Things are running a little (read “a lot”) behind schedule on the day Melissa McCarthy is unveiling her plus-size clothing line, Melissa McCarthy by Seven7, to the press.

The combination of the Spy actress’ own volubility and a few friends dropping by unannounced (including one Victoria Beckham) is how I landed here: perched on a chair in a New York hotel hallway and being kept company by McCarthy’s assistant (and niece, incidentally), who has been holding a cold slice of pizza for the actress for at least a half-hour.

Once I’m in the room with the 44-year-old actress, there’s one more delay: McCarthy and one of the statuesque women modelling the collection for us are having a moment. “Those pants look so great on you!” she says to the model, who’s wearing dark-wash skinny jeans.

McCarthy, in a silky grey tunic and flowing printed kimono (also pieces from the line), is just as warm and effervescent in person as I had hoped she would be.

“I haven’t worn denim in five years,” says the model, smiling broadly. “These are the first ones that actually fit me properly.”

A few minutes later, I’m seated on the couch across from McCarthy and I ask her about the exchange. Her demeanour immediately changes from playful (we’d been discussing how much she loves Canadians) to serious.

“It’s pretty overwhelming,” she says, her blue eyes widening. “This is the first time I’ve seen real women wearing my designs, and every time they walk into the room, my heart kind of flutters.”

McCarthy, who has won an Emmy and was nominated for an Oscar, is fresh off a string of blockbuster roles. She has earned a reputation for playing women who are unapologetic about who they are (Bridesmaids, Tammy, The Heat), and that’s the spirit she has brought to her foray into design.

“You should never have to dress in a way that’s ‘appropriate,’” says McCarthy, describing her vision for the collection as purposely “random.”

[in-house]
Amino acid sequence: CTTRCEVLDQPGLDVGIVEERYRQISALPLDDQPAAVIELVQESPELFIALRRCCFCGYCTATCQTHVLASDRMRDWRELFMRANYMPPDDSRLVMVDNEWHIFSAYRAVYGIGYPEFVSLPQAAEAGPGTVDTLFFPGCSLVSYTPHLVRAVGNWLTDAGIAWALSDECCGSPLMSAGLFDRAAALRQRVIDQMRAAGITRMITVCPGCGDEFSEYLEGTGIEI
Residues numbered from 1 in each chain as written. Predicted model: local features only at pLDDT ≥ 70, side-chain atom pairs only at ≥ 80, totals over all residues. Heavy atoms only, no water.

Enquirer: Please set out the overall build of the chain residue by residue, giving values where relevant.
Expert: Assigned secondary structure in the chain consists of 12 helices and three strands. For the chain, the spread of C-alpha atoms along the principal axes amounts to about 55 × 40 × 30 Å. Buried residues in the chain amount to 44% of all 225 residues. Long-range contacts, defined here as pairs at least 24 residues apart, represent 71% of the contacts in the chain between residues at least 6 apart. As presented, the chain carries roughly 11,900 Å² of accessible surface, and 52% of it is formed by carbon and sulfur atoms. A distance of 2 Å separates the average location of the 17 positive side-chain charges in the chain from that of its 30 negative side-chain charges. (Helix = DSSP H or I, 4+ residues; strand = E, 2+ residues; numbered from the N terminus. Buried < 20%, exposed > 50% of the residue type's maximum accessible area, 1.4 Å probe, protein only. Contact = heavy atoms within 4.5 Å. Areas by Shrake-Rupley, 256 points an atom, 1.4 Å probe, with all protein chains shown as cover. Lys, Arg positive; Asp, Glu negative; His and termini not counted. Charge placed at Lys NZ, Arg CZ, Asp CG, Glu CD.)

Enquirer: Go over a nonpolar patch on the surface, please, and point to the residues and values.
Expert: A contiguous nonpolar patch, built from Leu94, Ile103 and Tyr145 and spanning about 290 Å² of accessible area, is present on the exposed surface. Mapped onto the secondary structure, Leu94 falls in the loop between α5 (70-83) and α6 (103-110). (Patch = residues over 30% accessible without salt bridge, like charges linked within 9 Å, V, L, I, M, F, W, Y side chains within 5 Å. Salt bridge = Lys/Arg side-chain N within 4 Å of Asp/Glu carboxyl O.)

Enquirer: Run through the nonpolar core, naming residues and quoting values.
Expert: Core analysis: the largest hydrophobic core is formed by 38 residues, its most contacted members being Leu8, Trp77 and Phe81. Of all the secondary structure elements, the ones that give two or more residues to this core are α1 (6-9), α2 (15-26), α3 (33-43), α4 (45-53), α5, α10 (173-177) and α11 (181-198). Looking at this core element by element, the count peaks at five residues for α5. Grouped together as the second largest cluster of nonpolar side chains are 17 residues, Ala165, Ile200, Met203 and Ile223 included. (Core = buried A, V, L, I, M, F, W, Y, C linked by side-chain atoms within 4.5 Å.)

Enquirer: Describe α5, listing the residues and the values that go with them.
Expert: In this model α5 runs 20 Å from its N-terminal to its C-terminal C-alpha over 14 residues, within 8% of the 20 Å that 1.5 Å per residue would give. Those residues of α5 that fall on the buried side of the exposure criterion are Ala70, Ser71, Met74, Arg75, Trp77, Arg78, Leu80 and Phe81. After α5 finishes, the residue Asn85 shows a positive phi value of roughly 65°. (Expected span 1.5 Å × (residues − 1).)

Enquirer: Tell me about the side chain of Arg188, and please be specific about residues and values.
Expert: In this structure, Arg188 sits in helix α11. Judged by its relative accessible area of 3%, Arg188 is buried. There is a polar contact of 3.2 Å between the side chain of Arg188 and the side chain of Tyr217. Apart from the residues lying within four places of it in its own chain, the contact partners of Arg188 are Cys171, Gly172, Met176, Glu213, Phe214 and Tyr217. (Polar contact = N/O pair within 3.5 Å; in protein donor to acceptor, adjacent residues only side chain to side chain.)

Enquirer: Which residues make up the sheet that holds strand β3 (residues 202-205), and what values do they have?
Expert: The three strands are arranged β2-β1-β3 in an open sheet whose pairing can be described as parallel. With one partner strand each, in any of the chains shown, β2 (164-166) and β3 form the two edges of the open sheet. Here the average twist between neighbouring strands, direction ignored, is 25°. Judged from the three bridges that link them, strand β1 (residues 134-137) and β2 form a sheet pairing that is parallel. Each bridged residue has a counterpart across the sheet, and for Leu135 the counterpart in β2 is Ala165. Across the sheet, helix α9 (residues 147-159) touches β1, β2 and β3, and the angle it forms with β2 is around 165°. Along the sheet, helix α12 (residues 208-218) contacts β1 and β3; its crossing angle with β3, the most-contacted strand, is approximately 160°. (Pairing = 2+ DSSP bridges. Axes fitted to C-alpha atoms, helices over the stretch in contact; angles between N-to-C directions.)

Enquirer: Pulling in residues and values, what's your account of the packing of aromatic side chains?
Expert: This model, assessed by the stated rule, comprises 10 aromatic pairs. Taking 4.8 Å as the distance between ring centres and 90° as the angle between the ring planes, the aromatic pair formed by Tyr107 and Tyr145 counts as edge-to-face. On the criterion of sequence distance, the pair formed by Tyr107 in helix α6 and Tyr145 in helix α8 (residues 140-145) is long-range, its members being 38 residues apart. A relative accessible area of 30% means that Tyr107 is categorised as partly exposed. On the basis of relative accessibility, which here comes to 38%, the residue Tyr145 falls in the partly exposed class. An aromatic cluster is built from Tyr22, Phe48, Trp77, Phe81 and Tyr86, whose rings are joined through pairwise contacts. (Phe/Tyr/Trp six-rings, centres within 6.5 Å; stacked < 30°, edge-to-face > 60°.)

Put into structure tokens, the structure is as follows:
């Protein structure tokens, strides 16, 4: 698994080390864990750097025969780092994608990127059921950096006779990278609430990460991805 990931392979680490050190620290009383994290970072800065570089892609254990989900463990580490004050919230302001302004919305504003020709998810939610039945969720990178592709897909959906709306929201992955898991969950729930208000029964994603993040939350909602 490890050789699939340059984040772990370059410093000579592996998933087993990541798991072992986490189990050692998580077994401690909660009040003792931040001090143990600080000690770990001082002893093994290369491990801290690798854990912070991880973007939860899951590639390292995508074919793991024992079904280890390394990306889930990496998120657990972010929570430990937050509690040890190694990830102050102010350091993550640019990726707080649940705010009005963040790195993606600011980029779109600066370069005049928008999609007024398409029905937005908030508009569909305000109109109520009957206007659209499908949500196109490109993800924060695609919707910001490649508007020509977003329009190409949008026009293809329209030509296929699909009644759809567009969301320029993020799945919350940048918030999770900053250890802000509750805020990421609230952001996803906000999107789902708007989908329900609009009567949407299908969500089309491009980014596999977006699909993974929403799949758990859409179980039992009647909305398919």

“You shouldn’t have to pick a team, pick a side, pick a mood. One day I want to wear a stylish little dress and a heel and the next day I want to wear ripped-up jeans and Converse. That’s the fun in clothing.”

One of McCarthy’s biggest goals in designing this collection, available in Canada exclusively at Penningtons, was to make getting dressed in the morning a positive experi­ence for every kind of woman.

“There are so many things that make you feel negative in the world. You shouldn’t be self-inflicting negativity; you should be putting yourself in something fun that puts a little kick in your step.”

McCarthy also knew what she didn’t want: a collection of “bad shapes with terrible fabric” that can make women who wear over a size 12 feel like second-class citizens.

“You feel like you’re not invited to the same party as everybody else, and your self-esteem goes down,” she says. “But if you feel pride in what you wear, you go out into the world with a little bit of joy and then you’re a little nicer to this person and you smile at someone on the street who was maybe having a bad day. They’re little things, but it starts to snowball. And if my clothes can be part of that—my God, I’d be so happy!”

For McCarthy, that snowball effect started with her parents, who were always “wildly encouraging” and saw nothing unreasonable about a girl moving from a farm town in Illinois to NYC to pursue her acting dream—with “like $32” in her pocket.

That buoyant self-confidence carried McCarthy through her early years in NYC, where her first agent (working out of her studio apartment, FYI) tried to tell her that she couldn’t possibly work until she lost weight. (McCarthy was a size 6 at the time.)

“While I was sitting there, I was thinking ‘If I’m such a bag of poison, why are you seeing me? I can’t change everything about me, so I’m just going to leave your office/closet and go out and do more plays.’”

McCarthy adds that she has always believed that when people are negative, it usually stems from an insecurity of their own.

“Every time someone tells me something’s impossible, I think ‘No!’ I kind of think that everything’s possible. It doesn’t mean it’s all going to work out—I’m not nuts—but I never lead with ‘I doubt it.’”


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